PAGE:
Sona Abaryan headshot.
The Business of Fashion Presents The BoF Professional Summit - New Frontiers: AI, Digital Culture and Virtual Worlds Sona Abaryan, US Partner at Ekimetrics. (Dia Dipasupil/Getty Images for BoF)

What does it mean to be customer-centric today?

In its simplest terms, [companies] are trying to learn from their customers. It’s hard to think of any other industry where you have so much competition as in fashion — the way to stay ahead of, or keep up with the competition is to keep the pulse on how your customer is evolving.

To be clear, when we talk about being customer-centric, it is much more than personalising emails or the online catalogue. In fact, this relentless ‘SaaS-ification’ of personalisation that we have seen over the last decade has created a disconnect between strategy and tactic — everyone leverages the same platforms and methods, so you end up evening out the impact and need to look elsewhere to drive a competitive edge.

How challenging is it to use data well today?

We see a lot of enthusiasm and ambition for being data-driven at the C-suite level and while every company is different, some of them don’t know where to start. Some of them don’t know where the value is, or will look at single use-cases rather than what it takes end-to-end to drive adoption and make an impact. Moreover, executives need to recognise that making data and insights available doesn’t actually make you data-driven.

Companies need to think about how they need to evolve their decision-making processes, the incentives that they provide, their organisational structure, to make a real impact and go from using data to improving the status quo to being really transformative with it.

To give you an example, we work with L’Oréal on a product called Consumer Loop, which uses artificial intelligence to analyse ratings and reviews at scale after a product has launched. Consumer Loop makes that information available for product teams to enrich their product, research and development strategy. [Now,] what was previously a time-consuming and expensive process is accessible to thousands of their stakeholders globally, enabling them to make faster decisions about products.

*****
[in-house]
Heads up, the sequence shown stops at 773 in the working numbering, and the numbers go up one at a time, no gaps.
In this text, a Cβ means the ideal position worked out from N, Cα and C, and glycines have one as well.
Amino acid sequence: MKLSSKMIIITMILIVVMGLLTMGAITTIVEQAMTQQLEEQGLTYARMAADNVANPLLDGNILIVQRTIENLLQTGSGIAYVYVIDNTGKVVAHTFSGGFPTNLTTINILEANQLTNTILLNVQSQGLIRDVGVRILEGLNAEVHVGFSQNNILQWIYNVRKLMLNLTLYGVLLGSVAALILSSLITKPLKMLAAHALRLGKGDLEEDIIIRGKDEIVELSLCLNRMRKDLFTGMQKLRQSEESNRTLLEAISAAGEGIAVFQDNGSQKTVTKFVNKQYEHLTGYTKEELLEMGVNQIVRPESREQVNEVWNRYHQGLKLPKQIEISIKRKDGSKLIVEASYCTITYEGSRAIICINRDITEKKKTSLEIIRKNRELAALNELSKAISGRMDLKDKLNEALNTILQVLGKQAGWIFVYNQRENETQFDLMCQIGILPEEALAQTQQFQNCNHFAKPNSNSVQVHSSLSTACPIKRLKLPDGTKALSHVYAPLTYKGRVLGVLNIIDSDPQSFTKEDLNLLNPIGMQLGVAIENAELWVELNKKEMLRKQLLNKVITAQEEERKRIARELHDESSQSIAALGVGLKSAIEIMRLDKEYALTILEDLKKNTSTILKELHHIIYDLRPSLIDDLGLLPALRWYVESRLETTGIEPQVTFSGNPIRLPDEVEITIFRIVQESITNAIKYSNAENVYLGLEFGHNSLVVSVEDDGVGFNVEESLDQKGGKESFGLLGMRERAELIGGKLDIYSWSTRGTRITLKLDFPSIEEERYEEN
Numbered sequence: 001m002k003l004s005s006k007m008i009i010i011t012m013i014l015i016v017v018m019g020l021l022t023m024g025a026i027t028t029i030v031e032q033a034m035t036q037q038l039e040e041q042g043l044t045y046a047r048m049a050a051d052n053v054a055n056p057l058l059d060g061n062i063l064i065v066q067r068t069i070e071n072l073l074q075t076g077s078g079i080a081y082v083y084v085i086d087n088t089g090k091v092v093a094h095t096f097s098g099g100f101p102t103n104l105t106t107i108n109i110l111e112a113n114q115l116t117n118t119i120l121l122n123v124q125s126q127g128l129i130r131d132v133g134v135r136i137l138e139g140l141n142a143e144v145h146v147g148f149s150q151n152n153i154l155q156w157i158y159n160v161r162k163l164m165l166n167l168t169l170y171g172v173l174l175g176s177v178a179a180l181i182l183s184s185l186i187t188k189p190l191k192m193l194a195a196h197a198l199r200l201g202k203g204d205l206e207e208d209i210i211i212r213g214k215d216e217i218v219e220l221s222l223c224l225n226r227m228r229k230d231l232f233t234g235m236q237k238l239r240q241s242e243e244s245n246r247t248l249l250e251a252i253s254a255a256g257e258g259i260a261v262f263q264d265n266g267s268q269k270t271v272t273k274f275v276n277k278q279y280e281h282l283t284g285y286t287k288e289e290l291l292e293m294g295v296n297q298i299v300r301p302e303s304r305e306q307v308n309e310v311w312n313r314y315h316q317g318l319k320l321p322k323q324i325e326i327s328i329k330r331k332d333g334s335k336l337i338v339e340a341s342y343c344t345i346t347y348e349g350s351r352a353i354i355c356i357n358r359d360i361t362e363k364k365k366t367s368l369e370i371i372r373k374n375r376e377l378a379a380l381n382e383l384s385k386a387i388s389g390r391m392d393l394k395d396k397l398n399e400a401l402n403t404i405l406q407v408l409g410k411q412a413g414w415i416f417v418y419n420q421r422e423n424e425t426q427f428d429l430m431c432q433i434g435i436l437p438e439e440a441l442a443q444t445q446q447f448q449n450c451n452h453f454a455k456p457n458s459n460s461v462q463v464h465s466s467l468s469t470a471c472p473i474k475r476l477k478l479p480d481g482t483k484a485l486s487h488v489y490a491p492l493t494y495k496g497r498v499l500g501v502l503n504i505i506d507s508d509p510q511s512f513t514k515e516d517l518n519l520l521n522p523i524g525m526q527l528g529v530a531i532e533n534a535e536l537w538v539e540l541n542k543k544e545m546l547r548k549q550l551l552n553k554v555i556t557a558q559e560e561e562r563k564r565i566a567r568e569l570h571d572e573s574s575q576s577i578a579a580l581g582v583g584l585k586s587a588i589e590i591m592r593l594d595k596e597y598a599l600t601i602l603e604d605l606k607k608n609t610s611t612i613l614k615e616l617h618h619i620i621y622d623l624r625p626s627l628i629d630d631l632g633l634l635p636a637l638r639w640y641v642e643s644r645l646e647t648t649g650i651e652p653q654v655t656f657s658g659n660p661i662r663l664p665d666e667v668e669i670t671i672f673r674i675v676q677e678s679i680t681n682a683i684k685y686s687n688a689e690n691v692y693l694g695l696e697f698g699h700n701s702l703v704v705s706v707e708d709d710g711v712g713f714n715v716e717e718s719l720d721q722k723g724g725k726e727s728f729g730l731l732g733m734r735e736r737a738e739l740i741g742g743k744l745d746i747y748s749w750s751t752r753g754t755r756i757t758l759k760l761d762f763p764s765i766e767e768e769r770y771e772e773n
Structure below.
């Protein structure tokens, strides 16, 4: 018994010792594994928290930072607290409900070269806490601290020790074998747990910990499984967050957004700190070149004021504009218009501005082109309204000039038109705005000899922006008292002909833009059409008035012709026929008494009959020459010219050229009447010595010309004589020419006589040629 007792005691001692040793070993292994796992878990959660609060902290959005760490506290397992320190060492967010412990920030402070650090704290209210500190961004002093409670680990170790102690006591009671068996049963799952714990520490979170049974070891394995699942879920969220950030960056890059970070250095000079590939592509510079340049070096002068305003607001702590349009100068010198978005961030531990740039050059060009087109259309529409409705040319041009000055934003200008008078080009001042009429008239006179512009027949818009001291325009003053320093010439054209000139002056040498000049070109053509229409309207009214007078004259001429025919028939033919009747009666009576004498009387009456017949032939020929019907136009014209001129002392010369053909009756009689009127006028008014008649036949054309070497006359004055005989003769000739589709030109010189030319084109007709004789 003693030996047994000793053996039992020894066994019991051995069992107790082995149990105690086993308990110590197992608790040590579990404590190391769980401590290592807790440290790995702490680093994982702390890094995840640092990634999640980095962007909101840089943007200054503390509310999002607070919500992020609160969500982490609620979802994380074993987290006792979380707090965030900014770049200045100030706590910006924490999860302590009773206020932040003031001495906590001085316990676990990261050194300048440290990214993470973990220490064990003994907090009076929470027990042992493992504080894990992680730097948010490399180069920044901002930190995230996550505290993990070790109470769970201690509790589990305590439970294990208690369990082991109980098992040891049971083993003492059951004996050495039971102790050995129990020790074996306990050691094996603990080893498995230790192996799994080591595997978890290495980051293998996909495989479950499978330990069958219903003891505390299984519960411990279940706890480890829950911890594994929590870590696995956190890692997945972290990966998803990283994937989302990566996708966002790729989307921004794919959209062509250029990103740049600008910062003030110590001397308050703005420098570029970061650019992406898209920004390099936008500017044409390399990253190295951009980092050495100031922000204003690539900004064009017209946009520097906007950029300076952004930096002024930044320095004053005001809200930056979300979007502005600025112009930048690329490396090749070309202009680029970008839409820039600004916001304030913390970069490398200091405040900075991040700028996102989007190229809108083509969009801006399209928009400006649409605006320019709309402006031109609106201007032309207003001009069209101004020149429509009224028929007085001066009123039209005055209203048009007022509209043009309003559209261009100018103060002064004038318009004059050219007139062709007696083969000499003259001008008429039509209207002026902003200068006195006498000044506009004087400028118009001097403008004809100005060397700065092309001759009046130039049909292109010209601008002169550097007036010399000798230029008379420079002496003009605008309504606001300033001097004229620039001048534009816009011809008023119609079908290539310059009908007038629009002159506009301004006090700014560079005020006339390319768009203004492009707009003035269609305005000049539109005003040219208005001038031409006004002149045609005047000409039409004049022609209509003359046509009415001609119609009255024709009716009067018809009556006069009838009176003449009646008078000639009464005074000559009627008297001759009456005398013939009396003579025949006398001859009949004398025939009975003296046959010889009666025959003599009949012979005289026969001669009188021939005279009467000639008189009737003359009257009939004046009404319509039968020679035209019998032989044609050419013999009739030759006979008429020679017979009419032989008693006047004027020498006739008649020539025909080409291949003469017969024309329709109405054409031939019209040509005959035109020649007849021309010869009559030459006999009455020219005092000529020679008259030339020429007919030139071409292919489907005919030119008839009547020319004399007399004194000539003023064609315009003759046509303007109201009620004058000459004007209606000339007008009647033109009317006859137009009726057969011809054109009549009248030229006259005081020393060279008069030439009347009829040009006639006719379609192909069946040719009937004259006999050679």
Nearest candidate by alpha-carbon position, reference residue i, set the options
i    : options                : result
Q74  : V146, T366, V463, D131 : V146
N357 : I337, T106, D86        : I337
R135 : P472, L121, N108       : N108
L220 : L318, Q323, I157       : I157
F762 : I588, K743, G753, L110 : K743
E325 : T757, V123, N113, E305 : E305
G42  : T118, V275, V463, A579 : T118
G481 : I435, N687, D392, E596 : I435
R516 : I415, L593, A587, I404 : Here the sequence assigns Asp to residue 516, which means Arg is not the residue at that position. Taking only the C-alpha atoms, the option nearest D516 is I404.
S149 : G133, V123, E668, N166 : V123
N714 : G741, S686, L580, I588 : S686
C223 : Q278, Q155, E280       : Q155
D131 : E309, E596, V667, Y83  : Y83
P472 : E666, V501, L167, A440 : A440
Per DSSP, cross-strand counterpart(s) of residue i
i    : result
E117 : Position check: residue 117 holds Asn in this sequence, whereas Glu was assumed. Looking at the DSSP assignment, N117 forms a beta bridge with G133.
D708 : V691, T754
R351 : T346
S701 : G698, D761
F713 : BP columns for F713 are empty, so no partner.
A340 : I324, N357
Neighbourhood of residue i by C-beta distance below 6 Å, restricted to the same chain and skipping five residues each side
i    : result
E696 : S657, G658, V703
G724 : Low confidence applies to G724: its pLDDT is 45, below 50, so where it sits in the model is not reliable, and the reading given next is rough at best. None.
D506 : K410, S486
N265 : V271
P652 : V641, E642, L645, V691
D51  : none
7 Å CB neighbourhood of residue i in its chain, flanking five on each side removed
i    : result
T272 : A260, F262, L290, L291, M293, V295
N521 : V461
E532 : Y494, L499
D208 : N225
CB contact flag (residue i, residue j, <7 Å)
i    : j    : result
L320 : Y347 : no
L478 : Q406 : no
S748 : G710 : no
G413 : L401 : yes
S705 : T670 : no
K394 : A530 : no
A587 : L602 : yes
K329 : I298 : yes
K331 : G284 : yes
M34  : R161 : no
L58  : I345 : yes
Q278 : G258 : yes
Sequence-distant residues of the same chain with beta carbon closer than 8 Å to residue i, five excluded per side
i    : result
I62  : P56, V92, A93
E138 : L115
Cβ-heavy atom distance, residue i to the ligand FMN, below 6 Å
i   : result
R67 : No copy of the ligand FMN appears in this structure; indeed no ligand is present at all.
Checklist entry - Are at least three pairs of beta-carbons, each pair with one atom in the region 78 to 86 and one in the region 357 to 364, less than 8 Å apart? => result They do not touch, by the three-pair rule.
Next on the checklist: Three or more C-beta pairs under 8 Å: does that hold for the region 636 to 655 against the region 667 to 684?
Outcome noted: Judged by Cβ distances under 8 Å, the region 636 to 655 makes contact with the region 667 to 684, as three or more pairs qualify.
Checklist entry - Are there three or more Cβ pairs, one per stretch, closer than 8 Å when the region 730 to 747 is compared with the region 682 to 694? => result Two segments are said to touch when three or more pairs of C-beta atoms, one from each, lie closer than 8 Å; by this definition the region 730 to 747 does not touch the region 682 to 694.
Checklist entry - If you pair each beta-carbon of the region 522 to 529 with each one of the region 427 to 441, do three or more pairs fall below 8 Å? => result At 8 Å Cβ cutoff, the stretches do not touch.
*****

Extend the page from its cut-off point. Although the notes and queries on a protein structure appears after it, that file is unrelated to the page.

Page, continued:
How can businesses optimise data insights for improved customer lifetime value?

Acquisition of customers can be an expensive process if you don’t acquire the right customers and they don’t end up repeating. We see customer lifetime value as being an important metric in terms of business. How do you maximise the first-party data signals that you have to be able to predict early on whether the customer is going to be high value or not?

Understanding how your customer evolves is critical for longevity. If you do that well, maybe you don’t need to have a brand comeback every decade or two.

How are you thinking about your data capture strategy? You need to think about how you promote logged-in experiences online so that you can have a lot of that pre-purchase signal and the in-between signals to understand the value of that customer.

How can you leverage these customer insights to grow your business?

In terms of retention, it is really about being able to understand the potential of a customer early on – a key piece of information for clienteling. This is what gives the customer relationship management teams the confidence to invest early on in a customer that they know has high potential. So, that means you can use some of your more expensive channels because you know the value is going to be realised.